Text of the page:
Corpus Callosum

The sectioned corpus callosum has the appearance of a broad-arched band and forms the most distinguishing portions on the surface of the cerebrum. If the two hemispheres could be observed when they are still interconnected, the corpus callosum is on the floor of the longitudinal cerebral fissure. It consists of three divisions: (1) a curved front end called the genu, which tapers down gradually into a thinner portion called the rostrum. The rostrum continues down and back to join the lamina ...

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    Full Corpus Callosum Description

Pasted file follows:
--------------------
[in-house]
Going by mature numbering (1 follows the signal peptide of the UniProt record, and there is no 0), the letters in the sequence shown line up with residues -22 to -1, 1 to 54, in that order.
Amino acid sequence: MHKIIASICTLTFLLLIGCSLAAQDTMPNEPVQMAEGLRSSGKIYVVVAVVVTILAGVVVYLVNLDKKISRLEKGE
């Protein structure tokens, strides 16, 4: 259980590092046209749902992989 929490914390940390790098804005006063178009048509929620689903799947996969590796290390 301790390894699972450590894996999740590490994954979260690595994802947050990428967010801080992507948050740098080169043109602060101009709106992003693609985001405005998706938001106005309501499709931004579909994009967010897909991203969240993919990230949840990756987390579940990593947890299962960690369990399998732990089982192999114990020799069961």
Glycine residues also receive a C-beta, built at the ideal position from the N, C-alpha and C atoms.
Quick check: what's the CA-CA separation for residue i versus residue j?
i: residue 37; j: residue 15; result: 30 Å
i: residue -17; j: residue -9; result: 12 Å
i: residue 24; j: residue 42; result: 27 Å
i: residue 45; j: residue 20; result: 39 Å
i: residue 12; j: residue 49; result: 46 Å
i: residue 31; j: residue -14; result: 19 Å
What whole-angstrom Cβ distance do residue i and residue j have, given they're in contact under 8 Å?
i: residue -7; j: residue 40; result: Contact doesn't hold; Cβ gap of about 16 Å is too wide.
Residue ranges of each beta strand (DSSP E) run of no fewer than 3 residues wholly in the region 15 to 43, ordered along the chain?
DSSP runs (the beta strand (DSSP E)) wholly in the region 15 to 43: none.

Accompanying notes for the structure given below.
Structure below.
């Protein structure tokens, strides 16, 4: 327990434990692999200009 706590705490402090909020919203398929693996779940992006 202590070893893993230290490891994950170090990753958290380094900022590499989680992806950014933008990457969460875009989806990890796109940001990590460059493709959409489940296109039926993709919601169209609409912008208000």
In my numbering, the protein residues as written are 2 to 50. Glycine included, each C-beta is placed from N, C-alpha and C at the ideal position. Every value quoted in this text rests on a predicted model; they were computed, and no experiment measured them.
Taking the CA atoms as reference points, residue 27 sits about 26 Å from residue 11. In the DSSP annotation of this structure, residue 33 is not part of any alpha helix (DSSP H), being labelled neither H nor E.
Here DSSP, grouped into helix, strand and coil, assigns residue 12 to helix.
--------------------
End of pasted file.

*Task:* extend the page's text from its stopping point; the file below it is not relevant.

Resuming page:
[Continued from above] . . . terminalis; (2) a thick, rounded, back end called the splenium; (3) a middle portion or trunk arches over the back, between the front and back extremities. Central to the curvature of the front half of the corpus callosum can be seen the laminae of the septum pellucidum. These are two thin plates of gray and white matter that extend on each side between the corpus callosum and another curved, flattened bundle of white matter fibers, called the fornix. The function of the corpus callosum is to link the two cerebral hemispheres and allow the two sides of the brain to intercommunicate.